FIRE chiefs say lives could be at risk if mindless yobs don’t stop tying up vital resources by starting fires at a beauty spot.
The warning comes after a crew from Peterlee Fire Station was called to deal with a fire at Castle Eden Dene, in Peterlee, around the same time a serious road accident had occurred, which saw a schoolboy airlifted to hospital.
Crews from the station dealt with three incidents at the dene in the space of three hours on Saturday night.
Peter Brown, watch manager at Peterlee, said: “It’s irresponsible but it’s also surprising that it’s not young children, it seems to be older teenagers and young adults in their early 20s and they should know better.
“It seems quite harmless and innocent but then we are tying up an appliance and four firefighters which means when you get something serious like a road traffic collision, other resources have to come from other areas.”
The crew were sent to tackle a fallen tree that was on fire at the dene, near the Hatfield Place entrance, around 4.45pm on Saturday and ended up spending an hour at the scene.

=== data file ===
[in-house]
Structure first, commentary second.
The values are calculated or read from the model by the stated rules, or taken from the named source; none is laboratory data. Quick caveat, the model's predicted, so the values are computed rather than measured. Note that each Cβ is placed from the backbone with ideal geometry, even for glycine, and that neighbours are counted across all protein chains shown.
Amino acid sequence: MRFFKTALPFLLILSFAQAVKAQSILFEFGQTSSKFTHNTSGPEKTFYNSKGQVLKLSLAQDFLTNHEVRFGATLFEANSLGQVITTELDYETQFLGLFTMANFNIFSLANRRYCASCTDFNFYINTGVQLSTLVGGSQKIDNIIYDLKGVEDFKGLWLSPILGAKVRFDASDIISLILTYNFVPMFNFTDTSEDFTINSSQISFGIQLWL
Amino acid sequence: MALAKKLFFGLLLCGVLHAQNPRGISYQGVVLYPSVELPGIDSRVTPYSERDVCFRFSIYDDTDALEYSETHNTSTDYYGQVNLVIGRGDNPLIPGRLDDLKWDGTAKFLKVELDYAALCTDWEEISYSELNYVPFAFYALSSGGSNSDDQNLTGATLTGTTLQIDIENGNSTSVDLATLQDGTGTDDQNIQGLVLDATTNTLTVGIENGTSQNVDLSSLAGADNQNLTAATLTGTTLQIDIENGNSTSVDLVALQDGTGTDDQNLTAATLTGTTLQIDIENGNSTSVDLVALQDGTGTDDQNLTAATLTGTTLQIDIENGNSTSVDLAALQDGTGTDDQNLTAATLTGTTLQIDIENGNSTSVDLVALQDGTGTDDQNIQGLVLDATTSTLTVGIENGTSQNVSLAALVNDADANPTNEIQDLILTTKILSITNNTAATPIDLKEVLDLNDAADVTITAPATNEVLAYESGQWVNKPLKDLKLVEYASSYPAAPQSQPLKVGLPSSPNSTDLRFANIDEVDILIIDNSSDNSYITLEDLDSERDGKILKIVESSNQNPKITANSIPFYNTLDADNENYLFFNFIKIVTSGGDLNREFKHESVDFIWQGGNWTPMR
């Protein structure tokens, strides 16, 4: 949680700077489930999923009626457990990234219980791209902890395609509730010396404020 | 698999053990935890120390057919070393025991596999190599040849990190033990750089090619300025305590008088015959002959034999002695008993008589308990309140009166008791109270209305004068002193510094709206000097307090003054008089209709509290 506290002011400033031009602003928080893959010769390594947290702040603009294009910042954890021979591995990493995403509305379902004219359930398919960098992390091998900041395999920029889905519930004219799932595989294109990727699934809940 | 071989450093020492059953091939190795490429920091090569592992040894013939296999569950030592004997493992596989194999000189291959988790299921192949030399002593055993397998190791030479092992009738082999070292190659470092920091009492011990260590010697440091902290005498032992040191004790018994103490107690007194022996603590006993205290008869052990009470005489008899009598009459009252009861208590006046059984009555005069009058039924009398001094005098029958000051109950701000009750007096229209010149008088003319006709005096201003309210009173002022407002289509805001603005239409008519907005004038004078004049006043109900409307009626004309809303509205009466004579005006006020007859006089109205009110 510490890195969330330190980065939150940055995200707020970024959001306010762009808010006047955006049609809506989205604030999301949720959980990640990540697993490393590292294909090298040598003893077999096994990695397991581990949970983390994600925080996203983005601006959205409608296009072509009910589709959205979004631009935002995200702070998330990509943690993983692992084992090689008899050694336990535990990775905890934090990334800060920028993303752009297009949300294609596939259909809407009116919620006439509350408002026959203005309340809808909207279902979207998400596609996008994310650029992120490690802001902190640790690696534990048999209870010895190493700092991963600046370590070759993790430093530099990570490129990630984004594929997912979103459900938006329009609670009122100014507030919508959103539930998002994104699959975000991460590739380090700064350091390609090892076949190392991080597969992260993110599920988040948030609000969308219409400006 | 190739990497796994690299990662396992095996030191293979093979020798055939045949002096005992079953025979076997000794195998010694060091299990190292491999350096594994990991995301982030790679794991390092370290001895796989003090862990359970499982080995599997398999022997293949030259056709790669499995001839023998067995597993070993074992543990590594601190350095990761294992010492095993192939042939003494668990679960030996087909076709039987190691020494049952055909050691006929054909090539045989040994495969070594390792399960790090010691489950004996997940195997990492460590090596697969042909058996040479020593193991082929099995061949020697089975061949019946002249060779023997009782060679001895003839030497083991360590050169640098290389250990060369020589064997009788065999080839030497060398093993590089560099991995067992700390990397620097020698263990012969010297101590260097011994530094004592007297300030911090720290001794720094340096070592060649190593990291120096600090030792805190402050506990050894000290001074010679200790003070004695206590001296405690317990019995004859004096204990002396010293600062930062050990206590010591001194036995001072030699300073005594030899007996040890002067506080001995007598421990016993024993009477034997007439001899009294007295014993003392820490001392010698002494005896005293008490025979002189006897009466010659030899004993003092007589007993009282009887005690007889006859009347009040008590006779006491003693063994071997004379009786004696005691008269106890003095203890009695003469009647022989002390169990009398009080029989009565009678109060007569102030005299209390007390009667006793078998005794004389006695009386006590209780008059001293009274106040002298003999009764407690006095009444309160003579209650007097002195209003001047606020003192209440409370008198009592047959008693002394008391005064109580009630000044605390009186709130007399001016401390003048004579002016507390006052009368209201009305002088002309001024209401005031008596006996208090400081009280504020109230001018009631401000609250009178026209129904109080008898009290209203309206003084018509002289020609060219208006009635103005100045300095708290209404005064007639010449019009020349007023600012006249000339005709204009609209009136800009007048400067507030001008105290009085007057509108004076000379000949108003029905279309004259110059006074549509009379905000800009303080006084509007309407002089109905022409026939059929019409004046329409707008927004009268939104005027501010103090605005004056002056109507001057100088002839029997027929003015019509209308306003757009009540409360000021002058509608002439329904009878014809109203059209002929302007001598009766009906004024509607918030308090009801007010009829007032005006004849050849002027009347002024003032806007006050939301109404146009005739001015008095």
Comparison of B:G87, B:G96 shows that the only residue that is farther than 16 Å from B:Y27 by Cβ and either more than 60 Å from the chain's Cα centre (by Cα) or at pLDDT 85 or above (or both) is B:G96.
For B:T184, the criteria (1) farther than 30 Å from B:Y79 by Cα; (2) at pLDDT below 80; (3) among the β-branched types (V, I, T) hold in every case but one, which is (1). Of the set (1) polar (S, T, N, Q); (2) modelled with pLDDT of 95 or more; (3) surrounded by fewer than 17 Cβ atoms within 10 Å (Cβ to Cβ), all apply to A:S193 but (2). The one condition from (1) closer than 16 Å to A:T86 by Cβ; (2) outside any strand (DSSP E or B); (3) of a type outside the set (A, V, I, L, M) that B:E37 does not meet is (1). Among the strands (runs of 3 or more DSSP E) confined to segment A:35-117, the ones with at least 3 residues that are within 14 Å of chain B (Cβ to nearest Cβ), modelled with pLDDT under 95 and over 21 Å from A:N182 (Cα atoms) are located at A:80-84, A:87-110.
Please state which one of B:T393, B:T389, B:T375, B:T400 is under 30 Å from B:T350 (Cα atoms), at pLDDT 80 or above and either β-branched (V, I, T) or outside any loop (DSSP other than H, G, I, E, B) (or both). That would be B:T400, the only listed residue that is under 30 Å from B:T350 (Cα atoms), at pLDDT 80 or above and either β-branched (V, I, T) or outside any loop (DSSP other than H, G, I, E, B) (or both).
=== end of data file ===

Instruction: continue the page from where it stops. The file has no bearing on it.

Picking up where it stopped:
But at 5.15pm, a 12-year-old boy and his mum were injured in a two-car collision in Middle Street, Blackhall.
As reported in yesterday’s Mail, the boy had to be airlifted to James Cook University Hospital in Middlesbrough by the Great North Air Ambulance after complaining of neck, back and leg pain after their Vauxhall Corsa was involved in a collision with a Daewoo Matiz.
His mum also complained of similar injuries and was taken to the same hospital by road ambulance.
As the Peterlee crew was tied up dealing with the dene fire, colleagues from Wheatley Hill’s retained station had to turn out to help a second crew from Peterlee with the road smash.
The boy has since been discharged from hospital and it is thought his mum is also recovering at home.
Mr Brown said: “We see more fires in the dene with the lighter nights.
“Things are drying out and the holidays are obviously here.
“The dene generally has its periods where we attend quite often, but in the last few years it seems to have got worse.
“The problem is youths gather in certain areas of the dene. Alcohol certainly plays a part.”
PC Karen Hall, of Durham Police, had been seconded to Peterlee Fire Station in 2008 to develop a partnership between the police and fire service to tackle arson among youths and anti-social behaviour.
PC Hall’s work saw a drop in the number of dene fires, but funding ran out to continue her liaison work with the station earlier this year.
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